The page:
## Notes

- cv or CV is an abbreviation for "Control Volume"
- port is a location when fluid flows across the surface of a cv
- cs is an abbreviation for "Control Surface"
- efflux refers to fluid flow out of a CV by crossing the control surface (negative efflux would describe inflow)

## Holistic Meaning (i.e. physics) of the Continuity Equation

As shown in the table below, there are two ways to understand and apply the continuity equation.

Label | When Applies? | Meaning | Primary Dimensions | Units |
---|---|---|---|---|

Rate Form | instant in time | (rate of accumulation of mass in cv) = (rate of mass flow into cv) - (rate of mass flow out of cv) | M/T | kg/s, lbm/s |

Amount form | time interval | (amount of mass that accumulated during the time interval) = (amount of mass that entered the cv) - (amount of mass that left the cv) | M | kg, lbm |

The figure below shows these ideas in a sketch. As shown, the principle of mass balance is that accumulation plus outflow minus inflow sums to zero.

## Procedural Knowledge (How to Apply the Continuity Equation)

**Step 1**. Selection. Select the continuity equation when the parameters of the problem include variables such as flow rate $(Q$ or $\dot{m})$, velocity, and area.

If the problem involves an instant in time, select the rate form.

If the problem involves a time interval (time 1 and time 2), select the amount form.

Assumptions. Unlike previous eqns. (e.g. hydrostatic, Bernoulli, etc.) the continuity equation does not have assumptions that need to be checked.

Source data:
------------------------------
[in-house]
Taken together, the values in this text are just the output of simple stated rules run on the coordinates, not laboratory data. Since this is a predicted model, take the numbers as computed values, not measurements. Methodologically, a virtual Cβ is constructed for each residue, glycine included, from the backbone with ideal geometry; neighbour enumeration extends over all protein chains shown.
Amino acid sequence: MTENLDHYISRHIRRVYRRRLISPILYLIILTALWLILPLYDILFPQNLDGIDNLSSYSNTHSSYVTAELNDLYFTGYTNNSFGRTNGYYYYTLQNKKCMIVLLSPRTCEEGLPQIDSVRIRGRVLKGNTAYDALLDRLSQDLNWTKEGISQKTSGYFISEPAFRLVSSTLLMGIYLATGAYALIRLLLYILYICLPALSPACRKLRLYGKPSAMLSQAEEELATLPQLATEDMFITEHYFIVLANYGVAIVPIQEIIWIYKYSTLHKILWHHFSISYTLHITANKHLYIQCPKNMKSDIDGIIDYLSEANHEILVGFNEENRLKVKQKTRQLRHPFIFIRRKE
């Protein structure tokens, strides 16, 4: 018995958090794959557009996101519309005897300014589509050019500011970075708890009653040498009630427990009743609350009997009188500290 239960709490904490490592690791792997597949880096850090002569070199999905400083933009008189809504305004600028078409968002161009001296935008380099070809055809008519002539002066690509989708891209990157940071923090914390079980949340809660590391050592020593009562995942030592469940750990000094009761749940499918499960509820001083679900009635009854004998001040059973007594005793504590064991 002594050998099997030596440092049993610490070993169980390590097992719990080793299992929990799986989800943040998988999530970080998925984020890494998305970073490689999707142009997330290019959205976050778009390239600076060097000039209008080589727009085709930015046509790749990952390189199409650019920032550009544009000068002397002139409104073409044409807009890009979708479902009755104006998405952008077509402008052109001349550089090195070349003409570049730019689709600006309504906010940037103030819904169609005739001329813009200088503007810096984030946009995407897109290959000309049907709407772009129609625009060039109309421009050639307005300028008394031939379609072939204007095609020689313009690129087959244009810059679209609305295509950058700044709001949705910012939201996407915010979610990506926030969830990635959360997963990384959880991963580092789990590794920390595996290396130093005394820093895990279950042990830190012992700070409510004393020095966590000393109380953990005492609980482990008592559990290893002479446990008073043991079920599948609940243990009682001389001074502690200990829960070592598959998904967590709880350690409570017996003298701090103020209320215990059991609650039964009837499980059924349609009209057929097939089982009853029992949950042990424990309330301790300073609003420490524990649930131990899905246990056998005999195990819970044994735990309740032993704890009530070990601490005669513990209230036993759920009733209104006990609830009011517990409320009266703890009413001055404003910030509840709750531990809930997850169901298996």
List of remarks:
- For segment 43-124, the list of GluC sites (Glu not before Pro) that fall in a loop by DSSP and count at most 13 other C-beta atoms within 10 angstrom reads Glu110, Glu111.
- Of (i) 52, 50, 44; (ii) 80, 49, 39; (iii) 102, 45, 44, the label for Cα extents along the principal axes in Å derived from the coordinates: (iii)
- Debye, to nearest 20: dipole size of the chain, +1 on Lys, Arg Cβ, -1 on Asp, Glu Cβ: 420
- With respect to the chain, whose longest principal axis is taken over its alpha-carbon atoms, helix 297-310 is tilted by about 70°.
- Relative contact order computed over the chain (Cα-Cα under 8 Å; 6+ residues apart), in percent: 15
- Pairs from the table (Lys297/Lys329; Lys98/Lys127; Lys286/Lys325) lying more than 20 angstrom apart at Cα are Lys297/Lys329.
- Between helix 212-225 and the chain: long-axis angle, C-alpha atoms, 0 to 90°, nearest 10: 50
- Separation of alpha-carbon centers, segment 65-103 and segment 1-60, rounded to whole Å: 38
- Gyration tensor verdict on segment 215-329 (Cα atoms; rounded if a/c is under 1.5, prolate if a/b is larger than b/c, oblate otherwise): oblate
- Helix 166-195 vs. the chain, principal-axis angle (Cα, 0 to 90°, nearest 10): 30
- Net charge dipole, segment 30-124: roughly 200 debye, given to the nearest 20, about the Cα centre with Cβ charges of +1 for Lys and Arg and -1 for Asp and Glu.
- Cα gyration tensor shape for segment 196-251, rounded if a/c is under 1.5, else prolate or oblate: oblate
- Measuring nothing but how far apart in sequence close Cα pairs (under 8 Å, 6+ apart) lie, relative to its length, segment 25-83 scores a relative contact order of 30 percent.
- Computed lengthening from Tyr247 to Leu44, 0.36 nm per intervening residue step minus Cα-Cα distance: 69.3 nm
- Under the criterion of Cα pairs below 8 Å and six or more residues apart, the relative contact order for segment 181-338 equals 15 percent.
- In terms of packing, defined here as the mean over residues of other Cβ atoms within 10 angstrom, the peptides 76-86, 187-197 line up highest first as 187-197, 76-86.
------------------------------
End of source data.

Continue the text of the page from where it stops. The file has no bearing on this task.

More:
**Step 2**. Control Volume. Select you CV so the control surfaces are situated where

(a) you know parameters, and

(b) where you want to find parameters.

Sketch your CV with a dotted line. Label it (CV or cv). Label ports (1 = inlet; 2 = outlet is most common). If needed, add a label to describe your CV (Is the cv stationary or moving? Is the cv moving or deforming?).

**Step 3**. General Equation. Write down the general form of the continuity equation. Most of the time, select Eq. (5.25) because it is easier to apply. If there is velocity variation at the cs or other nuances, select Eq. (5.24) because it is the most general.

**Step 4**. Term-by-Term Analysis. Analyze the accumulation term, the inflow term(s), the outflow term(s). Reduce the general equation so it applies to the problem at hand. Validate your final result: (a) is it DH (dimensional homogeneous)? (b) does it make sense physically?

## Key Factors for Quality (What to Look For)

- The right CV is selected, sketched, and labeled appropriately.
- Inlet and exit ports are labeled appropriately.
- Key dimensions are labeled appropriately.
- The general equations is
- written down.
- reduced using term-by-term analysis (all key details documented).